Case Studies

Couple keeps business mentor conversation alive

Oct 5, 2020 11:01:00 AM

“The best sounding board ever”, is only one of the descriptives Egg & Spoon owners Dan and Jo Pearson have for their Business Mentors New Zealand mentor Irene Mosley.

Egg & Spoon Ltd is the umbrella company to their successful Wild Fennel Co., Gorilla Pickles and Dog Town Mustard ranges.

Earlier this year, the Dunedin-based couple re-registered to be mentored by Irene for a further 12 months.

“We’ve come such a long way since we first chatted with Irene [back in 2018],” Dan says. “Back then, we didn’t feel like we knew what we were doing. There were a lot of conflicting ideas about what we wanted to do with our business, so it was really good to have a third party to almost navigate the conversation between Jo and me.”

“But over the course of time, the business took on a life of its own which we’ve naturally grown with. We felt more confident in ourselves following guidance from Irene.”

Dan said when they came toward the end of their initial tenure with Irene, it was more about catching up over coffee, with Irene asking how they were doing and what they had been up to. “Everything became more light and fluffy.”

Despite not needing the depth of advice from Irene as they had in their first year, the couple realised the immense value they still got from their meetings with her and so earlier this year, they renewed their term for another year.

“It was more about keeping that conversation alive because it’s quite easy to bury your head in the sand, keep working and not come up for air and really get caught up in the business.”

When the couple meets with Irene, it forces them to take time out of their busy schedule to self-reflect, have a chat, “maybe receive a few pearls of wisdom”, and generally reflect on what and how they are doing.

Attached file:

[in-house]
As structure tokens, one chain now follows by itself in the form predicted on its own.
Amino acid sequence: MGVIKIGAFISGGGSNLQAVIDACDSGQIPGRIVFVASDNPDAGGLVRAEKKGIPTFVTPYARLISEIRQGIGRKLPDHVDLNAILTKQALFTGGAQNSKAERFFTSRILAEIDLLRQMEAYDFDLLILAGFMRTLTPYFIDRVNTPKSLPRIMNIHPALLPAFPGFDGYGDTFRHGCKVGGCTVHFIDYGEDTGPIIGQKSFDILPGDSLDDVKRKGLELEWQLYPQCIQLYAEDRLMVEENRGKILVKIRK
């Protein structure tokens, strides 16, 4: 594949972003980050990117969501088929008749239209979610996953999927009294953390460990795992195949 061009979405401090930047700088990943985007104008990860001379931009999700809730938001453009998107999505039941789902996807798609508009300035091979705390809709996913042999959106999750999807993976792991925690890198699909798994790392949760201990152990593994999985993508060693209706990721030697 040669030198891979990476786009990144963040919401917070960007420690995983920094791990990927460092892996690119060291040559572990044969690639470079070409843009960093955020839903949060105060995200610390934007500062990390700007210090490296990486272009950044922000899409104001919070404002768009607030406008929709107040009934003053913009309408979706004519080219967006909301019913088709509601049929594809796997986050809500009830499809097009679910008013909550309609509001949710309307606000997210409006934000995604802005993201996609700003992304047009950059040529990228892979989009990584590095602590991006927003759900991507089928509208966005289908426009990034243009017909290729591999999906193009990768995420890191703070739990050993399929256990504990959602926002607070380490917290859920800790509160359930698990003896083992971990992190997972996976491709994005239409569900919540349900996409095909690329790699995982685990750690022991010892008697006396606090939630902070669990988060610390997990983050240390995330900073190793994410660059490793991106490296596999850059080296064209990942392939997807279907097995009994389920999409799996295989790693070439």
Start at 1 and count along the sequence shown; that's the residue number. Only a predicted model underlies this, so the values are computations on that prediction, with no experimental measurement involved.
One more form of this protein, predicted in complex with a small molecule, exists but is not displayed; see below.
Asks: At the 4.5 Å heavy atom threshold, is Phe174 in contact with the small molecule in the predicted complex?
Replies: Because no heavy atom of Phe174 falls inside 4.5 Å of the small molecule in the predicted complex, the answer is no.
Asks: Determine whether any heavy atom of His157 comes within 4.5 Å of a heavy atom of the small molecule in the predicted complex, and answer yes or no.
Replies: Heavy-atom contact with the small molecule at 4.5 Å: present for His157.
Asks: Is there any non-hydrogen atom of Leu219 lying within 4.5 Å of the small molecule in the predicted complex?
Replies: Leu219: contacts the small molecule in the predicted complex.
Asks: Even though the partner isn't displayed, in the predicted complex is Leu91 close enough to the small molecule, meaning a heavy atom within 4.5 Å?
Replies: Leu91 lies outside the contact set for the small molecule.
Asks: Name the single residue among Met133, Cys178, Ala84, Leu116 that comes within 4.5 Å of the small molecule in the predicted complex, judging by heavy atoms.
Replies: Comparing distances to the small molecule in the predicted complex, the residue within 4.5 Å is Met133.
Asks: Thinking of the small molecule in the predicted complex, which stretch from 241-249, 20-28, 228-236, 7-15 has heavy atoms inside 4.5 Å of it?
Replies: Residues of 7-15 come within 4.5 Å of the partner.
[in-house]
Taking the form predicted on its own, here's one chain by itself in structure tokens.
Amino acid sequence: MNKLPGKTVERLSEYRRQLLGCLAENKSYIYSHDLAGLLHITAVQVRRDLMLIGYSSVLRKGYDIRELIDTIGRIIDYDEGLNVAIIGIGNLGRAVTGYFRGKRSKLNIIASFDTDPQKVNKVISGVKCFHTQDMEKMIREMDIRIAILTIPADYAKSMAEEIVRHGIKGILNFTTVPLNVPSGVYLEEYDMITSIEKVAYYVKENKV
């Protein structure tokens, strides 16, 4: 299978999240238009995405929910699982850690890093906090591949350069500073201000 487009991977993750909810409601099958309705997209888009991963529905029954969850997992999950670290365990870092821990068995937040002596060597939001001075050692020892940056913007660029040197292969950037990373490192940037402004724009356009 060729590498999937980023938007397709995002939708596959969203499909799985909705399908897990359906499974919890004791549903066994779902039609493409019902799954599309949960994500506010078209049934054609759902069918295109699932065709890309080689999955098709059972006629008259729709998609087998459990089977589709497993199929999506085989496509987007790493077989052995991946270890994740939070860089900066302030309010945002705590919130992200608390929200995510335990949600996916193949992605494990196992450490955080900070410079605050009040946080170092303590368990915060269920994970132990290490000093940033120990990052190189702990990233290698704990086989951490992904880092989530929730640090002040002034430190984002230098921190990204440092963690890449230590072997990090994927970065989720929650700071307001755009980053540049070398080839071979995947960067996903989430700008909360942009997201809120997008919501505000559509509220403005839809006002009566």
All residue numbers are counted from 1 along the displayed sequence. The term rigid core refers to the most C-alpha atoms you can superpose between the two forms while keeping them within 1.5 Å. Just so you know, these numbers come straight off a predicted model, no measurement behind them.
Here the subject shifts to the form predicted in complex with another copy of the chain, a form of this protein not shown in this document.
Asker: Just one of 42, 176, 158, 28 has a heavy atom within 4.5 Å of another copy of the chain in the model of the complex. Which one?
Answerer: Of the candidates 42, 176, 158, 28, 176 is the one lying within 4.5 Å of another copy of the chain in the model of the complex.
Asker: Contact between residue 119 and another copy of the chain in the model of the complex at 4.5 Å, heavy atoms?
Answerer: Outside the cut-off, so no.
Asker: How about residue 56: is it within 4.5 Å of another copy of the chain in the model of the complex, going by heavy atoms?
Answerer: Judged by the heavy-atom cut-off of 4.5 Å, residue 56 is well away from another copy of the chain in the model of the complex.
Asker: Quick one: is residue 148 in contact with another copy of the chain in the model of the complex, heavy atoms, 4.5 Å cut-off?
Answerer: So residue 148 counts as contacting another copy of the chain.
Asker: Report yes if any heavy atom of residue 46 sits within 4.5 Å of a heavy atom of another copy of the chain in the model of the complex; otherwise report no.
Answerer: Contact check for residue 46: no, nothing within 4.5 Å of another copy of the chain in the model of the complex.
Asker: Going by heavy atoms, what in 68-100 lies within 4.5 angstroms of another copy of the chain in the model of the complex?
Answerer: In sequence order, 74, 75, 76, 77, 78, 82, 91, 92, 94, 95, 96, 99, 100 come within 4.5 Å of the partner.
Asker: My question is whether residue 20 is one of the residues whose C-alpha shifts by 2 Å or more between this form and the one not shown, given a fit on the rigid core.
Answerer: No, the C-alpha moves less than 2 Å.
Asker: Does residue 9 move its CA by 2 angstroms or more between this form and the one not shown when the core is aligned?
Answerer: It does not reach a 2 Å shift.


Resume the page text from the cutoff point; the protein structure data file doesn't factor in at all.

“It’s a very useful tool to allow us to grow and mature in this bizarre world we’ve found ourselves in,” he says.

“Irene will always have a solution - she’s so wise, she’s got fingers in different pies and is very well-grounded, and that has suited our style of operation because we try to keep everything down to earth, and not get caught up in the hype of what we do.”

Irene knew from the moment they met that they were a good fit and could hold an honest conversation together.

“During that first year there were a few things came up that I knew I could challenge them on, and I even wondered if I had overstepped the mark a bit, but as it turned out they were really appreciative, and it really led them to get on with some of the things they have now been able to create more success with.”

She is excited by what they are doing and feels “quite privileged” to have been part of their business development as they have moved along.

“They are a young couple with really high levels of enthusiasm and knowledge and vision. It’s been great to meet and work with them – it certainly hasn’t been hard work for me.”

Dan and Kiwi-born Jo met in London, UK where Dan had worked as a fine-dining chef alongside a team of 30. They moved to New Zealand in 2009.

He continued working as a chef in Auckland, while Jo found work in a publishing company, but it wasn’t long before Dan’s dream of owning a restaurant and being in charge of his own destiny raised its head.

“I was a frustrated chef who wasn’t really going anywhere, so to keep the creative juices flowing we started a series of pop-up restaurant events in Auckland,” he says.

They called their company Egg and Spoon, a concept Dan had been working on since his London days, but in Auckland, it became his drive.